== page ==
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حكاية طفل.. قصة: تشارلز ديكنز ترجمة :نوران سعيد يعقوب – مجلة بصرياثا الثقافية الأدبية

حكاية طفل.. قصة: تشارلز ديكنز ترجمة :نوران سعيد يعقوب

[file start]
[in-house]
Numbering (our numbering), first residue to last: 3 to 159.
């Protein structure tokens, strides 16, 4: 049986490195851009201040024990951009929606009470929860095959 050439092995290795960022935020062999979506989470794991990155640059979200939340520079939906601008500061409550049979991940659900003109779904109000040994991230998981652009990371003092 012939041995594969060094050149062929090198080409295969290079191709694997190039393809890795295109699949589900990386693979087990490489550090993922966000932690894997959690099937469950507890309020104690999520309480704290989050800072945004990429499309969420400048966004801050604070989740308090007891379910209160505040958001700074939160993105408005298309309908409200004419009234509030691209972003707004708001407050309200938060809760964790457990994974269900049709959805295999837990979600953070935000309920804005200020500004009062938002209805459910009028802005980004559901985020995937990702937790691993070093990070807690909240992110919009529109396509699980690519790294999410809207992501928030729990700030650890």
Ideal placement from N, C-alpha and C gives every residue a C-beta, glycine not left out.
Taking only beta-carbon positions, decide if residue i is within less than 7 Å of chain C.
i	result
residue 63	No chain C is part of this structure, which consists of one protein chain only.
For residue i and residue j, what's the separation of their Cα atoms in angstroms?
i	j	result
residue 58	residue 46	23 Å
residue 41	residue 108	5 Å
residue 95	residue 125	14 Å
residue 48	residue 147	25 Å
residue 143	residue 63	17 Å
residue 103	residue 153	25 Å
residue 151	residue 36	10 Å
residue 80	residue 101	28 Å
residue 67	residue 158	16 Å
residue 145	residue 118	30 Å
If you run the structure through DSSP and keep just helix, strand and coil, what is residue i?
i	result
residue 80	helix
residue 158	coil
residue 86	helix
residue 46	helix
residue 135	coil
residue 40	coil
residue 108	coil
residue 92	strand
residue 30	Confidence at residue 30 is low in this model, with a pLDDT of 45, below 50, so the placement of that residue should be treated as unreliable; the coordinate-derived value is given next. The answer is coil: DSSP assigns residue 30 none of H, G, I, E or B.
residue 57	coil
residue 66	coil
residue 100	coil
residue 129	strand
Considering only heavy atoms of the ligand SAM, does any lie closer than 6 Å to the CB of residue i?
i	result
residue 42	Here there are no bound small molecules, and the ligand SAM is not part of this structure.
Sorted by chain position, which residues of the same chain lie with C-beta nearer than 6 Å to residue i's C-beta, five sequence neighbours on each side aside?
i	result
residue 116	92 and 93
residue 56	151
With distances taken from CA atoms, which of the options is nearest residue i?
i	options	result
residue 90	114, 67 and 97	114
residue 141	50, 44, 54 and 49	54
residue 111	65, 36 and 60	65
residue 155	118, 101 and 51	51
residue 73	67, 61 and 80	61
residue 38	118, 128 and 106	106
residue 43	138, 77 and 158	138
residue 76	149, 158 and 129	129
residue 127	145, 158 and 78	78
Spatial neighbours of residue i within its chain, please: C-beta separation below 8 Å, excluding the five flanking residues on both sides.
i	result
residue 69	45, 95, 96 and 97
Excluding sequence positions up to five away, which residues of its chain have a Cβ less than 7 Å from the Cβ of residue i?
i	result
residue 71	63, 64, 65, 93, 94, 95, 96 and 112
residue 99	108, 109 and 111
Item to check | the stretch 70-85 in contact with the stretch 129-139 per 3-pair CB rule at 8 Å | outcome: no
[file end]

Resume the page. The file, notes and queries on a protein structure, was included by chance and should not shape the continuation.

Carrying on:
كان ياما كان في احد ايام الزمن الماضي الجميل, رجل رحالة يتأهب لخوض غمار رحلةٍ, رحلة سحرية, كان الطريق فيها يبدو طويلا جدا, لكنه ما لبث أن قَصُر حينما وصل منتصفهُ . جعل هذا الرحالة يجول لبعض الوقت في طريق حالك الظلمة من غير أن يصادف احد, حتى آخر الطريق, التقى بطفل جميل, سأل الطفل” ما الذي تفعله هنا ؟” فأجابه الطفل; ” أنا ألعب دائما,تعال و العب معي.” فلعب مع ذلك الطفل طيلة اليوم و كانا فرحين للغاية . كانت زرقة السماء طاغية و وكانت الشمس وضاءةَ مشعة و المياه متلألئة و خُضرة الأشجار زاهية و بدت الأزهار فواحة , و استمعوا لتغريدات الطيور و شاهدوا مناظر خلابة كثيرة و كان الجمال يملأ المكان .كل ما حدث, حدث في جو لطيف صافٍ . عندما تساقط صيب السماء,عشقوا منظر هطول حبات المطر و استنشاق عبق الرائحة العذبة . عندما هبت الرياح, استمتعوا بالإصغاء لصوتها و تخيلوا ما تعزفه هَبّاتِها القادمة من منزلها, تساءلا, أين قد يكون منزل الرياح يا ترى ؟ فهي تَصفِرُ و تَعصف و تزيح بالغيوم من أمامها و تجعل الأشجار تتمايل, تَصِرُ و تإنُ , تَرج المنزل و تجعل البحر يتلاطم باهتياج . لكن أجمل الفصول كان عندما تُسقط السماء ثلجها, استمتعا بالنظر الى رقائق الثلج البيضاء و هي تنهمر من السماء, ممتلئة و متعجلة, كما لو كانت تتساقط مع جوف قلوب ملايين الطيور البيضاء , أحبا نعومة و تدفق الثلج و السكون الذي طغى على الطرقات و الشوارع . لقد غاصوا بأجمل لعب العالم كله و بأروع الكتب المصورة على الإطلاق, كانت تدور أحداثها عن سيوف و شباشب و تيجان سلاطين و اقزام و عمالقة و جنِ و و جنيات و طيور حزينة و حبات فاصوليا ناطقة و قصص عن أثرياء و كهوفِ و غابات و ايام حُبِ و ممثلين و كل ما هو جديد و كل ما هو غير خرافي . لكن, و في يوم ما, و على حين غفلة فقد الرحالة أثر الطفل . صاح بإسمه مناديً مرات عدة ,” لكن لا حياة لمن نادى ) لكنه لم يلق جوابا. أكمل الرحالة طريقه و أخذ بالمسير لبعض الوقت دون أن يلتقي بأحد, حتى نهاية الطريق حينما صادف صبيا وسيما,فسأله ” ما الذي تفعله هنا؟” فأجابه الصبي أنا في تعلم مُستمر, تعال و تعلم معي ” قرأ الرحالة مع الصبي قصصا عن إله الحب و زوجهُ إلهة الحب و عن اقوام الرومان و الإغريق. تعلمتُ أشياء أخرى غريبة و علوم لا يتسع لها الوقت لأسردها.. و لا الصبي أيضا لانه ما لبث أن نسي كما هائلا منها . لم يكن التعلم مأربهما فقط, فقد لعبوا و لهوا بأروع الألعاب. صيفا, وقفا امام النهر, شتاءا, تزلجا على الجليد . كانا نشيطين لاقصى حد وكانا قد مارسا ركوب الخيل و لعبا الكريكيت و كل انواع الالعاب ذوات الكرة ؟؟؟؟ في مكان السجن كان هنالك أرنبة و كلب صيد قد تبعا قائدي و لعبا ألعاب كثيرة اكثر مما أتذكر, لم يكن بمقدور احد أن يمتلك ما ملكوا من ألعاب .كانوا يحتفلون بأعياد أيضا و ( لعبة الكعكة الثانية عشر ) و أقاموا حفلات عدة حيث رقصوا حتى منتصف الليل و شاهدوا قصورا من الذهب و الفضة تنبثق من أدمة الارض في مسارح الحياة, كما شاهدوا كل عجائب الدنيا دفعة واحدة .فيما خص الصداقات,كانوا قد نالوا أصدقاء مقربين جدا حتى صرت أرغب أن يُحفظوا في ذاكرة الزمن .كانوا شبانا يانعين, تماما كالصبي الوسيم . كانوا متآلفين مع بعضهم طيلة حياتهم ؟؟؟ في خضم هذه المتعة اللامتناهية,فقد الرحالة اثر الصبي كما فقد اثر الطفل, فنادى عليه نداءا مهدورا . تابع الرحالة رحلته فأمسى دون أن يلمح أحدا في طريقه, حتى دنا من نهاية الطريق فوجد شابا , فسأله الرحالة ” ما الذي تفعله هنا؟” فأجابه الشاب ” أنا واقع في الحب, تعال و اعشق معي” سارا مع بعضهما مبتعدين حتى إلتقيا بأجمل فتاة قد رأتهما عيناهما على الإطلاق تماما مثل جمال ” فاني” التي ترتكن هناك . كانت تمتلك عينين كعيني “فاني” و شعرا شابه شَعر “فاني” . و امتلكت غمازات كتلك التي تموضعت في خدي “فاني”. تضحك و تتوهج خجلا تماما مثل “فاني” حينما أحدثها . أُغرِمَ الشاب بالفتاة لحظة رآها, تماما مثلما اغرم شخص اخر بـ “فاني” حالما رآها, لكني لن اذكر اسمه . في بعض الأوقات ,كان يعاني آلام الحب و عذابه, تماما كما نال من الحب قسوته مع ” فاني” شخص لن اذكر اسمه . تجادلوا مرات و مرات, كما تشاجر شخص ما و ” فاني “, ثم تصالحوا, ثم جلسوا في الظلام ( مرت عليهم اوقات مظلمة ) و كتبوا رسائل حب كل يوم , و كان الفراق عن بعضهم يحزنهم . كان يراقب احدهم الاخر لكن دون أن يدرك الاخر؟ تمت خطبتهم في عشية الميلاد و جلسا متجاورين من بعضهما قرب الموقد و كانا يستعدان للزواج قريبا جدا . تماما كشخص لن اذكر اسمه, هو و”فاني” . لكن في يوم من الايام, فقد الرحالة هذين الشخصين ( الشاب و الفتاة ), كما فقد بقية أصدقائه صاح بهم مناديا لكن لم يلقى جوابا منهم فأسبر يمشي في طريقه . مشى لبرهة دون أن يصادف أحدا حتى اخر السبيل, التقى بسيد متوسط العمر فسأله ” ما أنت فاعله هنا؟” فأجابه السيد ” أنا في انشغال دائم, هلم و انشغل معي” فغدا منشغلا معه . و انسلا عِبر الغابة, لم تسلك لاحلتهما طريقا غير الغابة, كانت مفتوحة و خضراء في بادئ الأمر, كالغابة في الربيع ثم بدأت تتكاثف الأشجار و تصبح أكثر ظلمة كالغابة في فصل الصيف . حتى بعض البراعم الغضة بدأت بالذبول . لم يكن هذا السيد ماشيا لوحدة,فكانت ترافقه سيدة بلغت من العمر مثلما بلغ .مشوا جميعهم عبر الغابة, يقطعون الأشجار و يُسَلِكون سبيلهم عبر الأغصان و الوريقات المتساقطة و هم يحملون أعبائهم و يكدون . كثيرا ما قصدوا ممرا دائم الخضرة ينتهي بأعماق الغابة , و كانوا يسمعون صوتا مناديا ” أبي, أني أهم بركوب البحر ” و صوت أخر ” ابي, أنا مسافر الى الهند” و اخر ” ابي, إني ذاهب للبحث عن حظي أينما كان مخبوءا” و اخر نادى” ابي, انا راحل الى الجنة” مع انهمار دموع الفراق, مضوا في طريقهم مفترقين في هذا الممرات,كل طفل سلك طريقه المقدر له , علا الطفل المتوجه الى الجنة بين ذرات الهواء الذهبية و اختفى! متى ما حلت لحظات الفراق تلك حتى نظر الرحالة الى السيد و هو يلمح السماء من فوق الاشجار, حيث يبدأ النهار بالزوال و تغرق الشمس في بحرها . شاهد الرحالة السيدَ و هو يشيب, لم يتوقفوا قط لاخذ قسط من الراحة, فطريق رحلتهم ما زال طويلا, و كانوا يعمدون دائما الى ان ينشغلوا ؟؟ فقدوا اطفالهم, الواحد تلو الاخر, فباتوا لوحدهم, الرحالة و السيد و السيدة مضوا في طريقهم مصاحبين لبعضهم . ألان ,اصبحت الغابة صفراء(شاحبة)(ذبلت), طغى عليها اللون البني, بدأت الأوراق تتساقط و الأشجار تهوي . ولجوا في طريق يضاهي ما سبق من الطرق ظلمة , ساروا غير آبهين لسواد الطريق خاطبت الزوجُ زوجها ” يا زوجي, أحدهم يناديني” أَنصَتوا فسمعوا صوتا يتردد من بعيد و ينادي ” أمي.. أمي” كان صوت الطفل الذي قال بأنه متوجه الى الجنة قال السيد ” أدعوك يا الهي, لم يزل الوقت مبكرا,أتوسل اليك, لم يحن الوقت بعد” صاح الصوت مناديا امه و لم يأبه لكلام السيد, عندها إشيَبَ شعر رأسه بالكامل و انهمرت الدموع تتساقط من عينيه . “يا أغلى ما أملك, لقد أستدعيتُ, و سأذهب ” قالت الأم لزوجها و هي تقبله و تعانقه حتى اضمحلت في ضلال سواد الطريق و اختفت تماما , فبات الرحالة و السيد وحيدين . قطعا المسافات سائرين مع بعضهما حتى دنوا من عتبة نهاية الغابة, كانا على مقربة كبيرة من النهاية حتى استطاعا أن يلمسا احمرار غروب الشمس عبر الأشجار الشامخة في طريقهما . في طريق خروجه من الغابة,شاهد الشمس و هي تهبط في افق احمر شاسع, و شاهد عجوزا يجلس على جذع نخلة هاوٍ فسأله ” ما الذي تفعله هنا؟” فأجبه العجوز; ” أ استعيد الذكريات طيلة عمري, اقترب و تذكر معي ” جالَسَ الرحالةُ الرجلَ و قابله وجها لوجه و غروب الشمس الهادئ يعلو سمائها, فعاد كل أصدقاءه يمشون على هوادة و تجمعوا حوله واقفين.كانوا جميعهم هنالك,الطفل الجميل و الصبي الوسيم و الشاب المغرم والأب و الأم و أطفالهم , لم يفقد أحدا أبدا أَحَبَهم و عامَلَهم بلطف و أنصت لهم جميعا؟؟ و غمره الفرح برؤيتهم مجتمعين, في المقابل أحبوه جميعهم و قدسوه . أعتقد بأن الرحالة هو أنت يا جدي, جدي الغالي لأنك تحبنا و ترعانا و نحبك و نُغليك .